Odd words in the English language | Perfectly Spoken
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Odd words in the English language

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As languages go, English is arguably one of the strangest out there with its confusing idioms, bizarre words and contradictory rules. If you are learning English online then it can be quite hard to understand a lot of the more unusual words. From Shakespeare’s inventions to the blend of influences from other languages, English has developed a reputation for having something of a unique vocabulary compared to other languages in the world. These are some of the oddest words you’re likely to come across in the dictionary.

Bruxism

If you’re someone who has a habit of grinding their teeth without noticing, often when you’re asleep, then there’s a word for that – bruxism! This is the technical term for teeth grinding and jaw clenching and was first coined in 1931.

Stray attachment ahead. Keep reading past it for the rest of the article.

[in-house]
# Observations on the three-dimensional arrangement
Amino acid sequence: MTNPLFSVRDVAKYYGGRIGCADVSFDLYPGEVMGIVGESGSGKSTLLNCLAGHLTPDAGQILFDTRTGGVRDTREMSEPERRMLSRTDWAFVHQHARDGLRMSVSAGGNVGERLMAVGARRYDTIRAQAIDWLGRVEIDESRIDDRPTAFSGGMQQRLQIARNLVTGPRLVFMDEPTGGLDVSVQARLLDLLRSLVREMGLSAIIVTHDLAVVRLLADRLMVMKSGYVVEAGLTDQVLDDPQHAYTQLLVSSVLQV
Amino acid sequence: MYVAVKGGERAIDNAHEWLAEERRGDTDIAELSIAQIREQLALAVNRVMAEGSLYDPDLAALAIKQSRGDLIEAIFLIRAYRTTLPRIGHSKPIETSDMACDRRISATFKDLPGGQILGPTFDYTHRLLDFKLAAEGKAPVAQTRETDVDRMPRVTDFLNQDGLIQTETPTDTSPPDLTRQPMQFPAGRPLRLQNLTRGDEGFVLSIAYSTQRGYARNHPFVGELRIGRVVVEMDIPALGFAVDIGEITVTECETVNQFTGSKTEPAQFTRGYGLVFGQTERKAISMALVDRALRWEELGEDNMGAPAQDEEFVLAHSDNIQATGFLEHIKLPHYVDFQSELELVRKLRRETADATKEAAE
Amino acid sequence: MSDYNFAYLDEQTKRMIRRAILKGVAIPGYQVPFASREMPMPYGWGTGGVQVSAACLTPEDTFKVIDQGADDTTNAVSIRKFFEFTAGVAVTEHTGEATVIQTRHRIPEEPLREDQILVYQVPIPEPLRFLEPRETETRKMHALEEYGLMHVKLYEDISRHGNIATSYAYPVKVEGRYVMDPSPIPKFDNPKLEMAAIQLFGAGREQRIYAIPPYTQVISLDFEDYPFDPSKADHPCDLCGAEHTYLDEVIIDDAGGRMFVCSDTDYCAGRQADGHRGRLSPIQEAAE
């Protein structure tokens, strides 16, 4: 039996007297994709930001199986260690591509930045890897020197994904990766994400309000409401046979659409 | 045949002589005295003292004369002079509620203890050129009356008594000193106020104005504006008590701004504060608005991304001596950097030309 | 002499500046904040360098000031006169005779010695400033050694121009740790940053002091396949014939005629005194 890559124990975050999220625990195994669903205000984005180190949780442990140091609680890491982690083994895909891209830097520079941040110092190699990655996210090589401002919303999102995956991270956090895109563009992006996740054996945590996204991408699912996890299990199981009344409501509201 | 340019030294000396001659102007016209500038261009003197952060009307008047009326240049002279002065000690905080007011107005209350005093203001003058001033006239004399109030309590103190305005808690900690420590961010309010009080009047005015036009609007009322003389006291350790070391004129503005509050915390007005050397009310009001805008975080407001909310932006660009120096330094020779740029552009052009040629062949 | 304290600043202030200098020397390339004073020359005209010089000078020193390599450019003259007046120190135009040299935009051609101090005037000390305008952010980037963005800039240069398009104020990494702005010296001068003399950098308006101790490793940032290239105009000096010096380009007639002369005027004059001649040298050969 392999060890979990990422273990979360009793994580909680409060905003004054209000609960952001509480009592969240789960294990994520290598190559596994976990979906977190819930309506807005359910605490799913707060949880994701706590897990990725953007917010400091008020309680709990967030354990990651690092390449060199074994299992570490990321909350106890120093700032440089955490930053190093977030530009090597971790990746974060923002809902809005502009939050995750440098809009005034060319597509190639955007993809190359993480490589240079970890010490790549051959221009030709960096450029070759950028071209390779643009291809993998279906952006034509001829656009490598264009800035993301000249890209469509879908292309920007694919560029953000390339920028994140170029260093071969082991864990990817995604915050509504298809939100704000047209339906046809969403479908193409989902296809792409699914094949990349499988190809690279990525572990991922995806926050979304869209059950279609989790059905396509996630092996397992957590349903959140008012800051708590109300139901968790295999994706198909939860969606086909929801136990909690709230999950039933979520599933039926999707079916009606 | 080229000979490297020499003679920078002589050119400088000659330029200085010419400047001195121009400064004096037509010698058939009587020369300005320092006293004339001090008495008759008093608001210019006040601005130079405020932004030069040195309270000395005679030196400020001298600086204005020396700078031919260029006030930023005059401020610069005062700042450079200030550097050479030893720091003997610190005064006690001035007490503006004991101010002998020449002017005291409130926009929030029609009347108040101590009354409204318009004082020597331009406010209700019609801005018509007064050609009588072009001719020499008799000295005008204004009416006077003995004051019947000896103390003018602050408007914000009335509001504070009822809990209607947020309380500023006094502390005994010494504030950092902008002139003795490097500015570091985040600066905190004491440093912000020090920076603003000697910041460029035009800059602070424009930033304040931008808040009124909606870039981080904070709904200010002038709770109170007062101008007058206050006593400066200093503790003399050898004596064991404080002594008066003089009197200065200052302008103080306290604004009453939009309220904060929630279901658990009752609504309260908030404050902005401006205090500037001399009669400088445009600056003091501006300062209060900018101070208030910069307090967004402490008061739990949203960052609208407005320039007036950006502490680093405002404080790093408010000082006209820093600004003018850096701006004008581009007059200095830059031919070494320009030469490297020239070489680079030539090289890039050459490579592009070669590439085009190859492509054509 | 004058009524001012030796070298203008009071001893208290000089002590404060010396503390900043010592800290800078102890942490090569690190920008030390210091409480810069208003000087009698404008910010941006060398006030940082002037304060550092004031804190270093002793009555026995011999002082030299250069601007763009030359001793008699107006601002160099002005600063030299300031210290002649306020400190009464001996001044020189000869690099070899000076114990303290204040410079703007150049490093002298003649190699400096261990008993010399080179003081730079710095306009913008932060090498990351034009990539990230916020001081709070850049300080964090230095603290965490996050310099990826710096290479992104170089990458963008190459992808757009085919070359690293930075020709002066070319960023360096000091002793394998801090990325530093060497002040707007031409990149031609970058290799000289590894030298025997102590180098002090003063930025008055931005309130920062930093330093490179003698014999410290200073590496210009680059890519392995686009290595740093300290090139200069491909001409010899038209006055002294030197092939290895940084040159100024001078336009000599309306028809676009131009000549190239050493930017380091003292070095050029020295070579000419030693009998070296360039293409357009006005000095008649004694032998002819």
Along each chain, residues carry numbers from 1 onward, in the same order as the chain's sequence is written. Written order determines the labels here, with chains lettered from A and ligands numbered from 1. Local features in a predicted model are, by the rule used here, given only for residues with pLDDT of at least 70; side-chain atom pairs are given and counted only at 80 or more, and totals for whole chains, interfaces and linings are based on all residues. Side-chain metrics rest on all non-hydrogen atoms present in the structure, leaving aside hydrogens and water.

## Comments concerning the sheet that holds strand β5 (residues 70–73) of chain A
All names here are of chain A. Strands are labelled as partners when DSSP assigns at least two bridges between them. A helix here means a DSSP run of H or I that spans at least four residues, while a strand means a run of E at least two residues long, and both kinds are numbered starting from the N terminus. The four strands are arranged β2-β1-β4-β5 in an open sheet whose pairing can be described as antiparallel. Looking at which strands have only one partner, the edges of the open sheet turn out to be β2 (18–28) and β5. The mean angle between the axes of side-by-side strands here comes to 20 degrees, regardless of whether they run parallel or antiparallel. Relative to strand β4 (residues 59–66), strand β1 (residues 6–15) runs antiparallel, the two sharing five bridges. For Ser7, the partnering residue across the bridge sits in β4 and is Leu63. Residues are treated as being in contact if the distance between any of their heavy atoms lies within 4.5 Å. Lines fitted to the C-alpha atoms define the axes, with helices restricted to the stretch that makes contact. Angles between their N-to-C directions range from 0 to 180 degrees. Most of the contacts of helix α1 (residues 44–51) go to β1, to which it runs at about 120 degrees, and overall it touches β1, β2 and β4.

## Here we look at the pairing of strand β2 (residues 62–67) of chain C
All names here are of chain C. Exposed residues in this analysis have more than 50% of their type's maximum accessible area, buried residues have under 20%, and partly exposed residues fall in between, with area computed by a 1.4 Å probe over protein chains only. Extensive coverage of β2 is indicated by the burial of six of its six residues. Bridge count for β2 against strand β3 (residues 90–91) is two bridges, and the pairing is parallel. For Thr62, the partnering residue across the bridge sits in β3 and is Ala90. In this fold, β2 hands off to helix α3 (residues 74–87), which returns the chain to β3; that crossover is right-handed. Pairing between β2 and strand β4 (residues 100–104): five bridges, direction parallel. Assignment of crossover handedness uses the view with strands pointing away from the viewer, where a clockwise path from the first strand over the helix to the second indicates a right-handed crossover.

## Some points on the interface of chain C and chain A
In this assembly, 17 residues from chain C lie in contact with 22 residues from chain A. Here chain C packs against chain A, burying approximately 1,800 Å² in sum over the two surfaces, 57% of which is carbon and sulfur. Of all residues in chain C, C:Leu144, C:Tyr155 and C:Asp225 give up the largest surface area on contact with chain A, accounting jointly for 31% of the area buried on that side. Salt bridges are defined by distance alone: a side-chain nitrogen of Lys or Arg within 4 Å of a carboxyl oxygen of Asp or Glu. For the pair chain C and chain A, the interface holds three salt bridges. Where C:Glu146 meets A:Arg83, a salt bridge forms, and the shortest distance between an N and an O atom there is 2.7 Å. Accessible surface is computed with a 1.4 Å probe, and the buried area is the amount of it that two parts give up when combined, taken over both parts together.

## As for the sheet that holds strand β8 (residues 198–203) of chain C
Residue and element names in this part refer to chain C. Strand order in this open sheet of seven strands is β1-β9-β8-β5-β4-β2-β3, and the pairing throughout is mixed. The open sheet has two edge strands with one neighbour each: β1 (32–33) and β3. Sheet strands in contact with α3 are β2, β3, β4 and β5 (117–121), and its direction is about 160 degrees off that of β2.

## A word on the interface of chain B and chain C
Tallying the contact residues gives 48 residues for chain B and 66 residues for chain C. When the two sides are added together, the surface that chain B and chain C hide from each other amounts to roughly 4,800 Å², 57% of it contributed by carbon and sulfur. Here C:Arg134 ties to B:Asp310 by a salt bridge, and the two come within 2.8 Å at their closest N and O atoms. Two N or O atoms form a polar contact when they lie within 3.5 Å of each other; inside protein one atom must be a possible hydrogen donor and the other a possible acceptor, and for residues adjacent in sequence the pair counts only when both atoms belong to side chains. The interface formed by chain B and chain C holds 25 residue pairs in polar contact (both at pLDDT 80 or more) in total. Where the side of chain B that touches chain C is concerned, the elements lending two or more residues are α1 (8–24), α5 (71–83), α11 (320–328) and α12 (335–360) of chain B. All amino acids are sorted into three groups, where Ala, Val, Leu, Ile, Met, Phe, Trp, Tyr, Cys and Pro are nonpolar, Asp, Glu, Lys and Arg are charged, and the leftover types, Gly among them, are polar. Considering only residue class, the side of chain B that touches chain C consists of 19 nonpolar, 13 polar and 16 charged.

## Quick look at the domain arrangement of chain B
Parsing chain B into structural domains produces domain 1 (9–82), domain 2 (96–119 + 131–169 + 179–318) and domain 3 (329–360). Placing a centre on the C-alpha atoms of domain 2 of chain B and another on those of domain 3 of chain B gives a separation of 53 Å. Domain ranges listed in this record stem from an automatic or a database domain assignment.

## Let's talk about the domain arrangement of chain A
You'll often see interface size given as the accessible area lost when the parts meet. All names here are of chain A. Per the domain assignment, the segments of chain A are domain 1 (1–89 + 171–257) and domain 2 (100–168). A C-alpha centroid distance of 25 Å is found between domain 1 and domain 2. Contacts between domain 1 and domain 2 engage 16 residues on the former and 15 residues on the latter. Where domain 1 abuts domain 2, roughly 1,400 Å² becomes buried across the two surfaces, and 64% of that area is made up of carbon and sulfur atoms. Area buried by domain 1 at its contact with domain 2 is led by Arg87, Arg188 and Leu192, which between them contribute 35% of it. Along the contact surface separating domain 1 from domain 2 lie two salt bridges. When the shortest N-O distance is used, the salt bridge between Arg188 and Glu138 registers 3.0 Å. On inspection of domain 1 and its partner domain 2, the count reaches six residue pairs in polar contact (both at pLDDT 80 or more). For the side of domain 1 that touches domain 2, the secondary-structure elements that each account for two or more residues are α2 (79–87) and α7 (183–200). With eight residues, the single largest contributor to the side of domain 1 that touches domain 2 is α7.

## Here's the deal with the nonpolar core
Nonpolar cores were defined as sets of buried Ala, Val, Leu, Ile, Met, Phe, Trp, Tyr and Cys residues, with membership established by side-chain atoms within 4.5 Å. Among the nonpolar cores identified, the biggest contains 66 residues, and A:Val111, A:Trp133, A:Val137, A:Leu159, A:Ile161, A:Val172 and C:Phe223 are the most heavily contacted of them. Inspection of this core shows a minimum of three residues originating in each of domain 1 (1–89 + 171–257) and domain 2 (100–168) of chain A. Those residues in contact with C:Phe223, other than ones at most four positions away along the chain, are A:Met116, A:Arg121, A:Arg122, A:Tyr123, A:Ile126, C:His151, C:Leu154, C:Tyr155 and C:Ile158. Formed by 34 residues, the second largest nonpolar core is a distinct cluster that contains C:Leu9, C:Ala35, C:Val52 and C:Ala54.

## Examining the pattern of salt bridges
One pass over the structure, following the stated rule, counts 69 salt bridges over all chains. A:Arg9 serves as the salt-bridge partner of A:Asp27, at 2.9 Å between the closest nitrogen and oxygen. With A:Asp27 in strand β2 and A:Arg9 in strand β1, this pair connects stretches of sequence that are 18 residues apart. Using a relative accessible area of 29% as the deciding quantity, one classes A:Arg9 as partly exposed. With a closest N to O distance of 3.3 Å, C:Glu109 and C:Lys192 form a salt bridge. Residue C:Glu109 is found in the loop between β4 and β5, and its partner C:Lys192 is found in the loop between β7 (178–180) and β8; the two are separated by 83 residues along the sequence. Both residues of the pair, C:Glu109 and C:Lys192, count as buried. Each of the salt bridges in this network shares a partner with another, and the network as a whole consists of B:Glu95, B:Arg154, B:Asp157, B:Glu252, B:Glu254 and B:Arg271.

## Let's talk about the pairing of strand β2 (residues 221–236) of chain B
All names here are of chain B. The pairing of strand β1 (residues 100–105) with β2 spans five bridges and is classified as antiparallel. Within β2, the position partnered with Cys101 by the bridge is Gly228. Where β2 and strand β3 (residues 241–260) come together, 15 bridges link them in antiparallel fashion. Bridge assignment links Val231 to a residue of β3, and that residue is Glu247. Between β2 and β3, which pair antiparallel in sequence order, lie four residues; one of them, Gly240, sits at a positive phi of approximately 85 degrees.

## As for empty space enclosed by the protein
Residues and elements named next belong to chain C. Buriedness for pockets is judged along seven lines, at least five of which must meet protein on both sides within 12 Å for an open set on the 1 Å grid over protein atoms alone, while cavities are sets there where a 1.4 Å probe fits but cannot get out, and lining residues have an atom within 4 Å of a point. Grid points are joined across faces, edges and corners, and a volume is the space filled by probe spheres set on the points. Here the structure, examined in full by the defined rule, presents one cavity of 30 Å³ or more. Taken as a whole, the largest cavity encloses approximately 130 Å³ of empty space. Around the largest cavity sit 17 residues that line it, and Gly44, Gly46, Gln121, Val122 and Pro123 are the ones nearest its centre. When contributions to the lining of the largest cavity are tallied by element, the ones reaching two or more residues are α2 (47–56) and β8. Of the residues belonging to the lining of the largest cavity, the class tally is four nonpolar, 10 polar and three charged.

Chad

The small rounds of paper produced by punching a hole, such as for putting documents into a ring binder, are called chads.

Fipple

Those who play a lot of music may be familiar with this part of a wind instrument, but many won’t know what it’s called. The mouthpiece of a recorder or a similar instrument is actually called a fipple.

Kerfuffle

This word has been in existence since the early 1800s and is believed to have come either from Scottish dialect or Celtic Irish. The noun kerfuffle means to make a fuss or have a disagreement over something – if two speakers have different points of view and are making a bit of a noise about it, then they’ll be said to be making a kerfuffle.

Cloying

If you eat something that’s overwhelmingly sweet, it can be described as cloying. For example, if you put too much sugar into a dessert, the result will be cloying to anyone who eats it.

Woebegone

This fantastic adjective was first used in the Middle Ages and comes from two words– woe, which means sad, and begone, which means surrounded by something. Together, they describe someone who looks miserable.

Flummoxed

If you’re confusing someone you’re speaking to, they’ll wind up flummoxed. This word came into the English language in the 19th century and was formed from different dialects in the UK.